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What happens to fan-made tributes left at celebrity memorials? 

In the wake of Prince’s death, I’ve read a lot of magazine special editions dedicated to him, and each contains pictures of hundreds of gifts left at his home by fans as memorials. Something like this seems to happen whenever a major celebrity dies. What happens to these items? Does the family take the stuff? Do other fans eventually take it? Does the city? Or is there possibly some foundation that deals with such things? —Trina High

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ANY PARENT of an all-too-prolifically creative child can sympathize with the dilemma facing the custodians of a celebrity memorial site. Think of when an offspring’s lovingly finger-painted or magic-markered artworks have papered the entirety of the refrigerator and threaten to consume all available wall space in the house. Then even the most doting patron has to make a decision: store these masterpieces lovingly away, or surreptitiously trash them and hope the artist never asks where they went.

In the case of Prince, who died April 21, that’s pretty much the task that fell to Bremer Trust, a Minnesota-based bank that’s been appointed temporary administrator of the superstar’s estate while the court determines his rightful heirs. As you note, fans had decorated the chain-link fence surrounding Paisley Park, Prince’s home and studio outside Minneapolis, with flowers, balloons, and all sorts of homemade tributes. These clearly couldn’t stay up forever.

Rather than throw the stuff out, though, the bank’s representatives undertook a fairly heroic preservation process, and like the industrious midwesterners they are, they did so quickly. Just one month after Prince’s death, multiple curators from four local history societies, working as volunteers under the supervision of a Bremer archivist, gathered up the accumulated items. The dead flowers and rotten food got tossed, but everything else was documented and archived according to standard museum procedures. The most sun-bleached and rain-soaked poster boards, their valedictory messages however illegibly smeared or faded, have been stored away in an environmentally controlled space, possibly for future public exhibition.

That’s not always how it happens. If, for instance, you’ve crafted a special item to commemorate the life of John Lennon that you’d like preserved for posterity, don’t leave it behind at Strawberry Fields. That site, located in New York City’s Central Park and dedicated to the late Beatle, considers items left behind at the end of the day abandoned property and disposes of them accordingly. Imagine no possessions and all that, I suppose.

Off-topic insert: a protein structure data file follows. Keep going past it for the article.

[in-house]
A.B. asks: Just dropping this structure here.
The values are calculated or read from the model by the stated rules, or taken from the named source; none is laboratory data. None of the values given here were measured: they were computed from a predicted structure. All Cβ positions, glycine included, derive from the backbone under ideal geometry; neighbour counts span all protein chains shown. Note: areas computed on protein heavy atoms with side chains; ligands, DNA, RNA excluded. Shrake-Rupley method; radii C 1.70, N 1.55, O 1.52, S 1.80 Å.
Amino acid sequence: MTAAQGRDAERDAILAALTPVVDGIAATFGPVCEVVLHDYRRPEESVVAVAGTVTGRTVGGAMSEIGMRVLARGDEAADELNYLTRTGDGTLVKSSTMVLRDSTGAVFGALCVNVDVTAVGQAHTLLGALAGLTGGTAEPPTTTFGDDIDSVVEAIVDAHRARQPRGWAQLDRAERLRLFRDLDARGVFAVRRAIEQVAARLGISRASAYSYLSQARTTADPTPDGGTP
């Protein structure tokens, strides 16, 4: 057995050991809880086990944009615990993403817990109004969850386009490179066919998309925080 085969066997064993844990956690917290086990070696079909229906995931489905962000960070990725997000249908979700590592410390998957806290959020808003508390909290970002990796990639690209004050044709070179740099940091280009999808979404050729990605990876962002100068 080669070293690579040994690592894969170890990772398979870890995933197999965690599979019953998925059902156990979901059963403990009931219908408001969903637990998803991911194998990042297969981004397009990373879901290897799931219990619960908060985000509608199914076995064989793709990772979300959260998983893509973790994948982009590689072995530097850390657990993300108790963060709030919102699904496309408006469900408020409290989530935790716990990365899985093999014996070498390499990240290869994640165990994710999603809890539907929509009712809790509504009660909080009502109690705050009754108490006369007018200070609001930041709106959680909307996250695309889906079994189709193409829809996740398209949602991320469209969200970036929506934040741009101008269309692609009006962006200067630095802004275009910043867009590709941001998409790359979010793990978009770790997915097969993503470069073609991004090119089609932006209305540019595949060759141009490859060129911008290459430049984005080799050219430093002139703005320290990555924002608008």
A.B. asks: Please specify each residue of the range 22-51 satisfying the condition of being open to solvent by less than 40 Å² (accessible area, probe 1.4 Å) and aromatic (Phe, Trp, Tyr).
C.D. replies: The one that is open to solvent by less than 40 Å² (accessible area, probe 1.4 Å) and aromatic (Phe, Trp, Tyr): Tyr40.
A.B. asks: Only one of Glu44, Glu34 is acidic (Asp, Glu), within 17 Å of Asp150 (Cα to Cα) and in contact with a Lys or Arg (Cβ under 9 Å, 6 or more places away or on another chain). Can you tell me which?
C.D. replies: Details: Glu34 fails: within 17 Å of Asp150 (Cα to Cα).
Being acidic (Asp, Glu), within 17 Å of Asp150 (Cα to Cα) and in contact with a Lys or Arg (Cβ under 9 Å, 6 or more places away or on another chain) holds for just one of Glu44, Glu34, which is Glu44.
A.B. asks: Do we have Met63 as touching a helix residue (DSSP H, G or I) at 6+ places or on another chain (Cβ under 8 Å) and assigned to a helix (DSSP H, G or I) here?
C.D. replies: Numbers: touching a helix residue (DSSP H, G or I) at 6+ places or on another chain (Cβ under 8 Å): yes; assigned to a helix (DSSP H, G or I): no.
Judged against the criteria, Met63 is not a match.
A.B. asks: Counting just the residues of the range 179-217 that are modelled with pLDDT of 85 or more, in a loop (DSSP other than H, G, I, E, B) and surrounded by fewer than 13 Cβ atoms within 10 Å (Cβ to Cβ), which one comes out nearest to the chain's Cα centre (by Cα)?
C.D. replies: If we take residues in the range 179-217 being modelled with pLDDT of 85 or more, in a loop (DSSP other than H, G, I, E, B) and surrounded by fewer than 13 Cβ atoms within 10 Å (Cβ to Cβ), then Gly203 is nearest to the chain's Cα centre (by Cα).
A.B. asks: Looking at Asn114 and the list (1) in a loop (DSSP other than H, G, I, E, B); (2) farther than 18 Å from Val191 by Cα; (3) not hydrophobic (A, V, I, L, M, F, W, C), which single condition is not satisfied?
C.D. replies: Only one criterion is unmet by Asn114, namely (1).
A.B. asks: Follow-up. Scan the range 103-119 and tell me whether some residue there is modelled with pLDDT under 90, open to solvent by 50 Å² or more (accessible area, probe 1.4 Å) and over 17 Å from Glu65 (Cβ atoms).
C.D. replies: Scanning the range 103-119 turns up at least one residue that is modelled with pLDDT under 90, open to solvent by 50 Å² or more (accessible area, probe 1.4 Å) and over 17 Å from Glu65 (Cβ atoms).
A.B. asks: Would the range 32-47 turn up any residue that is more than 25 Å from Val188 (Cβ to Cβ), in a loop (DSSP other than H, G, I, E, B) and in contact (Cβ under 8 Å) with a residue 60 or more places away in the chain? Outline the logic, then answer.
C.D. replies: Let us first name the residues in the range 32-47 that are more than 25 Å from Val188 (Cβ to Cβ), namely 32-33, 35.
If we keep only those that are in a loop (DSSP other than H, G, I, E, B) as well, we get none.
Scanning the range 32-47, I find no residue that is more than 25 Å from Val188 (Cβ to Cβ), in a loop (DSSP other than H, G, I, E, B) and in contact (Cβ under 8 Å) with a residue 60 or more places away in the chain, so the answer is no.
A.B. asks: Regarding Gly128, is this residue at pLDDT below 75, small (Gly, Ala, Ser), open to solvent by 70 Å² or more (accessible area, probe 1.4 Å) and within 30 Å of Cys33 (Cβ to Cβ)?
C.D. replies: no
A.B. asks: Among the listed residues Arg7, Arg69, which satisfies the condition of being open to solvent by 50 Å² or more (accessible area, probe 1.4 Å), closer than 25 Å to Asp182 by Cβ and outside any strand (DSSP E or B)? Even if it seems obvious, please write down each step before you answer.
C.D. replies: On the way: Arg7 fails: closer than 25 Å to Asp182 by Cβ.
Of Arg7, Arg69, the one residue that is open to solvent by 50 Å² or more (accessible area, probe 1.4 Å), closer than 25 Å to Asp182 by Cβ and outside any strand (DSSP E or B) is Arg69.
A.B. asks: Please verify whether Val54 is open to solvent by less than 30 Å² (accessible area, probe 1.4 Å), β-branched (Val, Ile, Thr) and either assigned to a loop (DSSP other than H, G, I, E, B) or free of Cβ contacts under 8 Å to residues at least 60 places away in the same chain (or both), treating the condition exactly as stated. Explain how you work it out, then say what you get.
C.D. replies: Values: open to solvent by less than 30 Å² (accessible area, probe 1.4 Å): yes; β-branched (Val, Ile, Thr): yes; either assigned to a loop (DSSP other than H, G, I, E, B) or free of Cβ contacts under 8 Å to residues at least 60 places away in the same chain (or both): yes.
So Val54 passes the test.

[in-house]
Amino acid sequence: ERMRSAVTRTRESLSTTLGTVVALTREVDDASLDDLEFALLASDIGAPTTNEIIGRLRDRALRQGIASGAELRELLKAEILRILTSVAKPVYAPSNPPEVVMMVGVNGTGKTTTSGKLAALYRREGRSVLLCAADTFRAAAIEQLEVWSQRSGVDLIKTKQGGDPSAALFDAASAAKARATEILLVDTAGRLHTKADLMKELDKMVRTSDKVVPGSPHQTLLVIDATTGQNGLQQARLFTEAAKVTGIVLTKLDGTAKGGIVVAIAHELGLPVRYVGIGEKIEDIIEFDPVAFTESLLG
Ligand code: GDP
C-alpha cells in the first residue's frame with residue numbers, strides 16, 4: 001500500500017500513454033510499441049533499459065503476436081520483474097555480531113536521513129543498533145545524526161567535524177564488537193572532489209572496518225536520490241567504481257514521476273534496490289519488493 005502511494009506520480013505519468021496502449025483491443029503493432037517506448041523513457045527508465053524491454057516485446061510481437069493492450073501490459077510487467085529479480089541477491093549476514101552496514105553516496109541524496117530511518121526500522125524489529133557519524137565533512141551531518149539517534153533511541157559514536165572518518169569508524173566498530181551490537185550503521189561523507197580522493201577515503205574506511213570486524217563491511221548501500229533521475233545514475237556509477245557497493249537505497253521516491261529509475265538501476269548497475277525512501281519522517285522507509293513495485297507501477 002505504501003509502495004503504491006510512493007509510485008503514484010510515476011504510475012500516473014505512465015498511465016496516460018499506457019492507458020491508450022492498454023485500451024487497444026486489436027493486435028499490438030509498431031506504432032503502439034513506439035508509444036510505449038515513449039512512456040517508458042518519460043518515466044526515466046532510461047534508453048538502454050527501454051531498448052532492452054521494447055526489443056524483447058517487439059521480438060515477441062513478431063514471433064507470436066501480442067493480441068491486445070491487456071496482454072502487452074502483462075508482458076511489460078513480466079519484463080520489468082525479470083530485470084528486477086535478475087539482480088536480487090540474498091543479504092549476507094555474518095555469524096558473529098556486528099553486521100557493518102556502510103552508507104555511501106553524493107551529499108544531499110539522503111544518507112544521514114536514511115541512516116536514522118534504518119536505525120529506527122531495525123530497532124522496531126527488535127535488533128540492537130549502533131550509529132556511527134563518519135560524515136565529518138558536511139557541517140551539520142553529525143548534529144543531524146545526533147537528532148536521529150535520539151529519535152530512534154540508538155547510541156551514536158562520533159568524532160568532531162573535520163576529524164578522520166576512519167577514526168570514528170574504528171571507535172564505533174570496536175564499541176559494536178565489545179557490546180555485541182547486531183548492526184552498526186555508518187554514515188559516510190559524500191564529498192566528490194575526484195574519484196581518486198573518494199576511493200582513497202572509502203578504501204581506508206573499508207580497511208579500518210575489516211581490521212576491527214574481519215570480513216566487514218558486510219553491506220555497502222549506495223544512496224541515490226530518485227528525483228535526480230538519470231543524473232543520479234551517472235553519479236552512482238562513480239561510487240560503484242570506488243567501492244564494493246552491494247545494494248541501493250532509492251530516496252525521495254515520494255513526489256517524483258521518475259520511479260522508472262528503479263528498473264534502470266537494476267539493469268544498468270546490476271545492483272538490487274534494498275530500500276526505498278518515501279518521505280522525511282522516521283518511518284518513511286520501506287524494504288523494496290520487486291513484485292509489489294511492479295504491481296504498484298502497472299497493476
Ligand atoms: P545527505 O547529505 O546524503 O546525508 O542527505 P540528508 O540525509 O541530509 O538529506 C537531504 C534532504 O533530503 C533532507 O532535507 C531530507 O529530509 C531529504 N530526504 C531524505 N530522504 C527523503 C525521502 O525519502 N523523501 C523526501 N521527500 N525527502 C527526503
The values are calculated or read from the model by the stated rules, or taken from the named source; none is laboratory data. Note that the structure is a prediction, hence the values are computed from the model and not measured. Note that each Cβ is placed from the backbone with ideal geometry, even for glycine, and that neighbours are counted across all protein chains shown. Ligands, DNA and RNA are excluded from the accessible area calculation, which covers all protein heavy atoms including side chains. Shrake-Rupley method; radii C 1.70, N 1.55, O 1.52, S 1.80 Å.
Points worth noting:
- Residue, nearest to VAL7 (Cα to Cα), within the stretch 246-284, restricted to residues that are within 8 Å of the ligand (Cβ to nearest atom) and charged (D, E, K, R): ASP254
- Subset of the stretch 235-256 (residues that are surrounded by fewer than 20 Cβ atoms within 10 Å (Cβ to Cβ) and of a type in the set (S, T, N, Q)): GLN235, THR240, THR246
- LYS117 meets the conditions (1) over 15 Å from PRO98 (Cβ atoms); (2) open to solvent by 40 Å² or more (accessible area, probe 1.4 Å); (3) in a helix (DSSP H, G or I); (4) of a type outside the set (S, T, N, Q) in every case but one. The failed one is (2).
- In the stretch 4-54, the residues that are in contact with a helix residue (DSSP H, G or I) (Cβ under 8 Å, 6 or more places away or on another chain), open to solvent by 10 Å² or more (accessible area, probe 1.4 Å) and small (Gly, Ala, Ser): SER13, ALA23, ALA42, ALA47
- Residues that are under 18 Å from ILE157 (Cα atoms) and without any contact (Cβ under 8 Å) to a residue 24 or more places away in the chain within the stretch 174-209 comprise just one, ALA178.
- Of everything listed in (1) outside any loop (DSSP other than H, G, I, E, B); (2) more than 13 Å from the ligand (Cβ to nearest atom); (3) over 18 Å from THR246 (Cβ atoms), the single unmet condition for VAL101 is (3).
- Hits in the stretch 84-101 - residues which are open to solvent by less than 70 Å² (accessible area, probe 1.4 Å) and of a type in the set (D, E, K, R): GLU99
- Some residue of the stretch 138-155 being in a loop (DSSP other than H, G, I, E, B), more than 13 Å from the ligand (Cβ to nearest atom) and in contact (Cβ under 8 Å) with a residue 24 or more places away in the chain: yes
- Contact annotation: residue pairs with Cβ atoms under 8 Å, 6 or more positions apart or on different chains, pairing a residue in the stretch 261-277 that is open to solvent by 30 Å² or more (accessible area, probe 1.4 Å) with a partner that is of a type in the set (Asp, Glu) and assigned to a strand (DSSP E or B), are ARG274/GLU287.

There is a middle ground, of course, between storing every item as a treasure and binning it all as trash. Elvis Presley’s Graceland, in Memphis, Tennessee, is the granddaddy of all celebrity shrines, attracting 500,000 visitors per year—many of whom leave some token of admiration behind. Though Graceland didn’t open as a tourist attraction until 1982, fans had been using the site to communicate with Elvis while he was still living: cut off from their increasingly isolated idol, they started scrawling messages to him on the wall surrounding his mansion. Groundskeepers scrubbed the graffiti away for years, but after the King’s death in 1977 the task grew too great, and now they only zap the off-color material—everything else is left to the elements.

Graffiti, though, doesn’t create storage issues. The objects left behind at Elvis’s grave are another story. The Graceland archivists are world-renowned—in fact the Paisley Park team adopted some of their techniques from those used by the Presley preservationists. But unlike the Paisley Park curators, the caretakers at Graceland are highly selective about what they keep—only creations deemed of particular artistic merit or ingenuity get stored away in the archives.

Interestingly, one institution that served as an example for those diligent Minnesotans doesn’t honor celebrities at all. The Vietnam Veterans Memorial in Washington, D.C. was dedicated the same year that Graceland was opened to the public. And as with Graceland, visitors to the memorial, colloquially known as the Wall, started leaving items behind immediately: the National Park Service estimates that 400,000 items have been left as remembrances and tributes—one group from Wisconsin even left a motorcycle.

Currently these tributes—every last nonperishable one of them—go into the Vietnam Veterans Memorial collection, which is warehoused in a Maryland facility. Looking ahead, however, the Park Service admits there won’t always be room for everything, and it’s planned to limit the scope of the collection to items directly related to the Vietnam War.

Someday, whoever inherits Bremer Trust’s responsibility for Paisley Park’s upkeep may have to make similar decisions, particularly if the site becomes a Graceland-style museum that attracts hundreds of thousands of tourists bearing gifts. Right now, though, Bremer faces more pressing concerns. Since Prince died intestate, the administrator expects that the IRS and the state of Minnesota may gobble up more than half his estate’s value next year. Should some future reader ever wonder “Why should I leave a will?” I may simply direct them to the messy story of Prince’s probate woes, which is just beginning.

cs
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Cecil Adams

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